• Don’t Fear Fat: Dietary fat is essential for the body’s optimal functioning. There is no reason to fear consumption of dietary fat. Make sure to check out the several additional blog posts previously posted here.  
  • Don’t Bring Junk Home: “Out of sight, out of mind.” When highly palatable food is around, it’s difficult to ignore it. When food is visible or always around, people eat more of it [21].
  • Find Accountability and Support: We were not meant to do life alone, this includes staying active and healthy. Find a friend, build healthy habits with your family, or even join a community that has like-minded desires [22]. 


The ketogenic diet is a widely used health and weight loss diet. It’s prescribed for a variety of medical conditions with outstanding results, and the research continues to support its use. Understanding how to properly follow a well-formulated ketogenic diet, the common barriers that come alongside it, and steps to making it a long-term dietary change are all key aspects for success. Not only is it fully sustainable for the long-term, but changing to a ketogenic diet will make a significant impact on your health and weight status! 



  1. Brennan MA, Derbyshire E, Tiwari BK, Brennan CS. Enrichment of extruded snack products with coproducts from chestnut mushroom (Agrocybe aegerita) production: interactions between dietary fiber, physicochemical characteristics, and glycemic load. J Agric Food Chem. 2012 May 2;60(17):4396-401. doi: 10.1021/jf3008635. Epub 2012 Apr 17. PMID: 22458938.
  2. Anderson JW, Baird P, Davis RH Jr, Ferreri S, Knudtson M, Koraym A, Waters V, Williams CL. Health benefits of dietary fiber. Nutr Rev. 2009 Apr;67(4):188-205. doi: 10.1111/j.1753-4887.2009.00189.x. PMID: 19335713.
  3. Weickert MO, Pfeiffer AF. Metabolic effects of dietary fiber consumption and prevention of diabetes. J Nutr. 2008 Mar;138(3):439-42. doi: 10.1093/jn/138.3.439. PMID: 18287346.
  4. Livesey G. Health potential of polyols as sugar replacers, with emphasis on low glycaemic properties. Nutr Res Rev. 2003 Dec;16(2):163-91. doi: 10.1079/NRR200371. PMID: 19087388.
  5. Doucet E., Imbeault P., St-Pierre S., et al. Appetite after weight loss by energy restriction and a low-fat diet-exercise follow-up. Int J Obes Relat Metab Disord. 2000;24(7):906-914.
  6. Gibson, AA., Seimon, RV., Lee, CMY., et al. Do ketogenic diets really suppress appetite? A systematic review and meta-analysis. Obesity Reviews. 2015; 6: 64–76.
  7. Boden, Guenther, et al. “Effect of a low-carbohydrate diet on appetite, blood glucose levels, and insulin resistance in obese patients with type 2 diabetes.” Annals of internal medicine 142.6 (2005): 403-411
  8. Volek, Jeff S., et al. “Carbohydrate restriction has a more favorable impact on the metabolic syndrome than a low fat diet.” Lipids 44.4 (2009): 297-309
  9. Clamp, Hume, et al. “Enhanced insulin sensitivity in successful, long-term weight loss maintainers compared with matched controls with no weight loss history.” Nutrition & Diabetes 7 (2017): 282
  10. Forsythe, CE., Phinney, SD., Fernandez, ML., et al. Lipids. 2008; 43:65–77 Comparison of Low Fat and Low Carbohydrate Diets on Circulating Fatty Acid Composition and Markers of Inflammation. Lipids. 2008; 43:65–77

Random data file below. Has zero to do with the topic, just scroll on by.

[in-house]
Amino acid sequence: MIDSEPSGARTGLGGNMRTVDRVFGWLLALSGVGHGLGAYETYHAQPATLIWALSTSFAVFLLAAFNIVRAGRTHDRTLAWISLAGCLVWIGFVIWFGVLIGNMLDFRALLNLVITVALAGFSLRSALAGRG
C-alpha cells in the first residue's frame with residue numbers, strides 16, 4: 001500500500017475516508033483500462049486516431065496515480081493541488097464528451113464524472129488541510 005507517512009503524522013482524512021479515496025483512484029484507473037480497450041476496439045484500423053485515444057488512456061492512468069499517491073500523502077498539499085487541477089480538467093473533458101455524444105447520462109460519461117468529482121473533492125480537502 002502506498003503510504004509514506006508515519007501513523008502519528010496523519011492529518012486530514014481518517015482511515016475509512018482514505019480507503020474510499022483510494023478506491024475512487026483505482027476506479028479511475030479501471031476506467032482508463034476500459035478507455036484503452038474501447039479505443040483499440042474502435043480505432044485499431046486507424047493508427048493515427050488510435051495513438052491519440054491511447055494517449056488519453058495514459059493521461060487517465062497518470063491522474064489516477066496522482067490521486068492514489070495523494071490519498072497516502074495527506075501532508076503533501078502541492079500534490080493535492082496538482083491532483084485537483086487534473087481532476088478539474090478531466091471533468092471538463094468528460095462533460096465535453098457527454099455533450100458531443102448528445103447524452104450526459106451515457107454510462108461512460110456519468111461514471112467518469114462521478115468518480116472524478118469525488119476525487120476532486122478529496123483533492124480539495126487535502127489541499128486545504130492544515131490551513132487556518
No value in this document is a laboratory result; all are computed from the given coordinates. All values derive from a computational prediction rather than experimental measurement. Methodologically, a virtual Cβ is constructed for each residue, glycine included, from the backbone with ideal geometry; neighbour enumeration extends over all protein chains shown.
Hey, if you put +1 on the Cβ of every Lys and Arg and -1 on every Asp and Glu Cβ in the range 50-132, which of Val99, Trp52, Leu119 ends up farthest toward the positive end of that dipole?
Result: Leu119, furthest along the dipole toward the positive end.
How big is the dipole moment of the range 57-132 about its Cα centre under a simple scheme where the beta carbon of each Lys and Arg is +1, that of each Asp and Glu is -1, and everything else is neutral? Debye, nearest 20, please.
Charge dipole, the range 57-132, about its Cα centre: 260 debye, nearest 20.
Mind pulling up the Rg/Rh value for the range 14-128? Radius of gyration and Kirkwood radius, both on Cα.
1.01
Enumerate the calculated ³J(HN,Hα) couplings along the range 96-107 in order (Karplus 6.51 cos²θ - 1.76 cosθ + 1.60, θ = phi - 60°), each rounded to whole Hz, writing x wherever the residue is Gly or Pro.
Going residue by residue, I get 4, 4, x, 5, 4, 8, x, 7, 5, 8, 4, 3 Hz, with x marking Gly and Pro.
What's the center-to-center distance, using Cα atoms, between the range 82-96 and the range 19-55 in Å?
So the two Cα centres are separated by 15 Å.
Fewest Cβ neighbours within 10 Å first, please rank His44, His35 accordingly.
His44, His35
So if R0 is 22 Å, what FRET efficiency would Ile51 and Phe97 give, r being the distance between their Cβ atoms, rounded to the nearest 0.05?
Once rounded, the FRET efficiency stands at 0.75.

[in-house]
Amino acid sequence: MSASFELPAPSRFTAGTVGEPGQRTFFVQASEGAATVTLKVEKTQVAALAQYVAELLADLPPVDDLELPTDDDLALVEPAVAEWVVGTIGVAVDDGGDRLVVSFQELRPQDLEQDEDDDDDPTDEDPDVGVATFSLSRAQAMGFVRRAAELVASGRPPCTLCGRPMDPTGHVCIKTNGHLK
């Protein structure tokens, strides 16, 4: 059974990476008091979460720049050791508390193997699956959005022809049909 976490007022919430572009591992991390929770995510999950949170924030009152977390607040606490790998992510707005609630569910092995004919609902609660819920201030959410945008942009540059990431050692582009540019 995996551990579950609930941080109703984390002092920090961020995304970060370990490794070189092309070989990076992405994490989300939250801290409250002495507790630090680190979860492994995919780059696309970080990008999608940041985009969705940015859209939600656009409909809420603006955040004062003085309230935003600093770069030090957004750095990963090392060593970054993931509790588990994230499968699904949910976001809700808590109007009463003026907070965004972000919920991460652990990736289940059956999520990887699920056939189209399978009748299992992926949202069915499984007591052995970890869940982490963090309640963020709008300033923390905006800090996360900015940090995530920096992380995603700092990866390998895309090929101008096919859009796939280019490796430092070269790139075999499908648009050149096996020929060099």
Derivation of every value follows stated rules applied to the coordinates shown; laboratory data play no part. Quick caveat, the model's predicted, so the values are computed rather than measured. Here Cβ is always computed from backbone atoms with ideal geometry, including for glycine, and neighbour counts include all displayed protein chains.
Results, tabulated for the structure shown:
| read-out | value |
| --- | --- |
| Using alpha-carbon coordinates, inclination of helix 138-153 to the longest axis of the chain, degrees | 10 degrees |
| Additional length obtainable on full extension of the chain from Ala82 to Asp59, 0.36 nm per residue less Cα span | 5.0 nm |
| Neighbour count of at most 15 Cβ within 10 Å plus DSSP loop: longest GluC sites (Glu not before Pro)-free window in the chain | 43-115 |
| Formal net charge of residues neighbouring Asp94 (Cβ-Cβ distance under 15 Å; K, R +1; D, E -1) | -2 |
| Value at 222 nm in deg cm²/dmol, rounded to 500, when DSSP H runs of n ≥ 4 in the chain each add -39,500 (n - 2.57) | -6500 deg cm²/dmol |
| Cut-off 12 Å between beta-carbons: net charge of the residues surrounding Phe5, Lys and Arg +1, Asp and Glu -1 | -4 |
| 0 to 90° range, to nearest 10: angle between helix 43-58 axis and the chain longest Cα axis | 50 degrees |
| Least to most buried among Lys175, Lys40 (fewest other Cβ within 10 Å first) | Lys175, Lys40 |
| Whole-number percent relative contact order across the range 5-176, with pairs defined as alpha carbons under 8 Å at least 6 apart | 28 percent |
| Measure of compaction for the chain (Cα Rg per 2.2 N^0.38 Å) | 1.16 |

11. Chao, A. M., Jastreboff, A. M., White, M. A., Grilo, C. M., & Sinha, R. (2017). Stress, cortisol, and other appetite-related hormones: Prospective prediction of 6-month changes in food cravings and weight. Obesity (Silver Spring, Md.), 25(4), 713–720.
  12. Alcock, J., Maley, C. C., & Aktipis, C. A. (2014). Is eating behavior manipulated by the gastrointestinal microbiota? Evolutionary pressures and potential mechanisms. BioEssays : news and reviews in molecular, cellular and developmental biology, 36(10), 940–949.
  13. Chao, A. M., Jastreboff, A. M., White, M. A., Grilo, C. M., & Sinha, R. (2017). Stress, cortisol, and other appetite-related hormones: Prospective prediction of 6-month changes in food cravings and weight. Obesity (Silver Spring, Md.), 25(4), 713–720.
  14. Markwald, R. R., Melanson, E. L., Smith, M. R., Higgins, J., Perreault, L., Eckel, R. H., & Wright, K. P., Jr (2013). Impact of insufficient sleep on total daily energy expenditure, food intake, and weight gain. Proceedings of the National Academy of Sciences of the United States of America, 110(14), 5695–5700.
  16. Steinberg DM, et al. Weighing every day matters: daily weighing improves weight loss and adoption of weight control behaviors. J Acad Nutr Diet. 2015 Apr;115(4):511-8. doi: 10.1016/j.jand.2014.12.011.
  17. Andrade AM, et al. Eating slowly led to decreases in energy intake within meals in healthy women. J Am Diet Assoc. 2008 Jul;108(7):1186-91. doi: 10.1016/j.jada.2008.04.026.
  18. Dunham, W. (2021). Study shows value of food diary in losing weight. Retrieved 13 October 2021, from
  19. How to set weight-loss goals that actually work. (2021). Retrieved 13 October 2021, from,transition%20to%20a%20healthier%20lifestyle.
  20. Blom WA, et al. Effect of a high-protein breakfast on the postprandial ghrelin response. Am J Clin Nutr. 2006 Feb;83(2):211-20.
  21. Wansink B, et al. The office candy dish: proximity’s influence on estimated and actual consumption. Int J Obes (Lond). 2006 May;30(5):871-5.
  22. Gorin A, Phelan S, Tate D, Sherwood N, Jeffery R, Wing R. Involving support partners in obesity treatment. J Consult Clin Psychol. 2005 Apr;73(2):341-3

This article is for informational and educational purposes only. It is not, nor is it intended to be substitute for professional medical advice, diagnosis, or treatment and should never be relied upon for specific medical advice.